Wednesday, October 22, 2008

Reigo & Bauer

another quality eye candy bonus...

Project Title: 12 Cassels
Architects: Reigo & Bauer - Toronto, Canada
Photography Credits: Tom Arban ( )

This exquisite house was completed October 2006... Located in Toronto Ontario, it was designed and built to sell on the Canadian M.L.S.
As both designer and developer of this project, Reigo & Bauer believe architecturally designed houses should be available to the average homebuyer.

Amidst the booming real estate market in Toronto, finding a modern 'house' counterpart to the modern condos being built all over the city is a challenge. The objective was to offer Toronto homebuyers a newly constructed house with a contemporary design at a competitive price. While this house is comparable to a standard condo in size and cost, it differs in that it has a front yard and back yard, three finished floors of living space and natural light from the front, back and roof. The property was offered at $419,900 CAD and sold for 414,000 CAD in October 2006.

The design for this small two-bedroom house fits into the neighbourhood while still being contemporary. With an exciting and approachable design the house relates to the tightly packed cottages with peaked roofs without replicating them. The roof is symmetrically pitched at the front and sloped to one side at the back, which gives each of the rooms upstairs a different spatial quality. Although the form of the roof is complex, it has been built using standard wood frame assembly, adding architectural intrigue without adding to the cost of construction. Because this house was built on spec, keeping the costs down was a primary focus. In order to afford features like the glazed walls, hydronic in-floor heating, and a heat recovery ventilation system, standard finishes and typical installation methods were favoured over costly finishes and complicated detailing.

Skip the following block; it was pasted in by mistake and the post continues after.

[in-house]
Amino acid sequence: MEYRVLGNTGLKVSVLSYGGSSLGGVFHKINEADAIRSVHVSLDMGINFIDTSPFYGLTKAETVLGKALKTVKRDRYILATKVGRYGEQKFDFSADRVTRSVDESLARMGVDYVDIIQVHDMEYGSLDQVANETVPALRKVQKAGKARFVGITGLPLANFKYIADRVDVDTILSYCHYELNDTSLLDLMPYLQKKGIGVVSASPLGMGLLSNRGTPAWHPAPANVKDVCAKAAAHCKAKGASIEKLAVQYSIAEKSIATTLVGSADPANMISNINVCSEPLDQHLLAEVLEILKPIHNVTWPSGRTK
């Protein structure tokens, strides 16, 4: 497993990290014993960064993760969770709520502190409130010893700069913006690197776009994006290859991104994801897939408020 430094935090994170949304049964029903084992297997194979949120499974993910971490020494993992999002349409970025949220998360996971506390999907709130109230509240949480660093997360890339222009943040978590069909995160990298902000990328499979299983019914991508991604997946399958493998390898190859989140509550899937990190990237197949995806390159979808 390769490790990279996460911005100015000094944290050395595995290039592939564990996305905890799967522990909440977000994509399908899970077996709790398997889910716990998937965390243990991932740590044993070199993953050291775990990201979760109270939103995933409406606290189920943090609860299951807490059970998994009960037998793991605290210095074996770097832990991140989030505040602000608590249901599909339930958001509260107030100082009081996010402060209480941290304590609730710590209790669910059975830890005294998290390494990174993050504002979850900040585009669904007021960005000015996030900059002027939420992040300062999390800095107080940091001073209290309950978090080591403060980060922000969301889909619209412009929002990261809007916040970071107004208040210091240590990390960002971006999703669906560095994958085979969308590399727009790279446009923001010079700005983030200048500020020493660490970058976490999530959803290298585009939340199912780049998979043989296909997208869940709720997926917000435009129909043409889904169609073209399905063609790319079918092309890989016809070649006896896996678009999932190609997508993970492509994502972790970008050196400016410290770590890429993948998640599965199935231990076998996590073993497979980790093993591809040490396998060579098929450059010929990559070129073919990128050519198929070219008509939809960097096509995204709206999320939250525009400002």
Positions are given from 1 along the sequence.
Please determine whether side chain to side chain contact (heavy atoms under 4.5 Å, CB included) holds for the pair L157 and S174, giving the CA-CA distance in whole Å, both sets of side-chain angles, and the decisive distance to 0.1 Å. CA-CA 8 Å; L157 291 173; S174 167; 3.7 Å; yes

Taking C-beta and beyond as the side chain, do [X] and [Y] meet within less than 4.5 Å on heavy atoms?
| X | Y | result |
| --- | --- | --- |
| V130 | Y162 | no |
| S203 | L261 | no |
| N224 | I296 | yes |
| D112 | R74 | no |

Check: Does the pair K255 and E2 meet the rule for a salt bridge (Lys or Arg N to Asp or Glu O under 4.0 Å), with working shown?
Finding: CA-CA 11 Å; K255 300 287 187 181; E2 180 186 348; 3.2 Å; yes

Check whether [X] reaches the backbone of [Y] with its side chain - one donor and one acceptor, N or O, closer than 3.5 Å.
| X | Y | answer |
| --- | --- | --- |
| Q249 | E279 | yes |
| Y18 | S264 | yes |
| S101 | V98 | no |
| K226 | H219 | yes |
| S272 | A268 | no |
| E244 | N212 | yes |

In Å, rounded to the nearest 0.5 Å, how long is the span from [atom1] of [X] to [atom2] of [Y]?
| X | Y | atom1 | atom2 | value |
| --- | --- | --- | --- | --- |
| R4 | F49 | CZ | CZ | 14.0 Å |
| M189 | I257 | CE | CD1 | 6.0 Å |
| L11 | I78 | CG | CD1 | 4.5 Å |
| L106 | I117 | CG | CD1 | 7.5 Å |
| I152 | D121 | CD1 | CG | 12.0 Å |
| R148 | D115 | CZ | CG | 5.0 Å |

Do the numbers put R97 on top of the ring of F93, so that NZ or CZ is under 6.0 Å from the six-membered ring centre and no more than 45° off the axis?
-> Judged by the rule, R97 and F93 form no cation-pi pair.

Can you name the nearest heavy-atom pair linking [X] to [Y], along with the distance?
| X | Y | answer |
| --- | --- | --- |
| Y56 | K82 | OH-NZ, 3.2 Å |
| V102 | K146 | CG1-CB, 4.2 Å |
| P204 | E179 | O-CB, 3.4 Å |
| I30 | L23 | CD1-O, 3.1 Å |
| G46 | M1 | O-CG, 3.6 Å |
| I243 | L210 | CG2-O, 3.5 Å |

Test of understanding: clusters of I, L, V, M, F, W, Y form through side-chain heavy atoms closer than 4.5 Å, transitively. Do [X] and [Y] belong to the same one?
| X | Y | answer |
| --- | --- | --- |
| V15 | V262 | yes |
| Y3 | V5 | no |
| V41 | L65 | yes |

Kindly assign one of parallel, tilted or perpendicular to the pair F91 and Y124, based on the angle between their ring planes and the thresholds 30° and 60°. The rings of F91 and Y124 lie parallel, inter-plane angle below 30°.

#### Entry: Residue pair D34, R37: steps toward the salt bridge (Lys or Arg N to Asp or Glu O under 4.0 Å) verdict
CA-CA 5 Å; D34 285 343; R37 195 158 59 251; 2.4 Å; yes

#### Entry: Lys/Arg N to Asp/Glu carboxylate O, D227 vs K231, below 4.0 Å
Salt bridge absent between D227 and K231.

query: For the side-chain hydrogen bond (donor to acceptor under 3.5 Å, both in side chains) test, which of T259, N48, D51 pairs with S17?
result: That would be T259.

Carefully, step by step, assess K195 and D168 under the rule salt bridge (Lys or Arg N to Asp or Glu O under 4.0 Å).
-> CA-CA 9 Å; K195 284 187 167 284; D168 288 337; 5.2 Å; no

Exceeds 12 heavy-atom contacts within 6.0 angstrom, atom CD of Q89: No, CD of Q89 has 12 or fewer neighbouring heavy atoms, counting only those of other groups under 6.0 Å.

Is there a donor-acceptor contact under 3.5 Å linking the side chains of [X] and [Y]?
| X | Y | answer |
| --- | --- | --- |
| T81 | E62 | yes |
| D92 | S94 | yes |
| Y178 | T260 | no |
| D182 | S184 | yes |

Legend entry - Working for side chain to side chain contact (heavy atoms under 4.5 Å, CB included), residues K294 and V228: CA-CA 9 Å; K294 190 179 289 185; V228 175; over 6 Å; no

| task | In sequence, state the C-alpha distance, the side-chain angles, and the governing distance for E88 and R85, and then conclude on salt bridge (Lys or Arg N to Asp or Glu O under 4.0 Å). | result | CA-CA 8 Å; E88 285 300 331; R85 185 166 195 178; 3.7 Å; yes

In contrast to the solid walls on both sides of the house, the front and back faces are entirely glass. The glass was rendered opaque only where necessary to conceal structural panels, in order to maximize natural light and give the modest interior spaces the impression of being larger than they are. In order to use all three floors as proper living space, a portion of the front yard was excavated to create a two level planted light-well which fills the front room on the lower level with natural light.Visitors to the house have confirmed our belief that many people don't necessarily want what is currently offered on the real estate market, but don't know how to get anything else. With this house accessible to anybody and everybody (a real estate agent providing the tour) the general public has gained a better sense of what can be done on a modest budget when a creative designer is engaged.

thanks to Greg at Reigo & Bauer
for providing the images and text...


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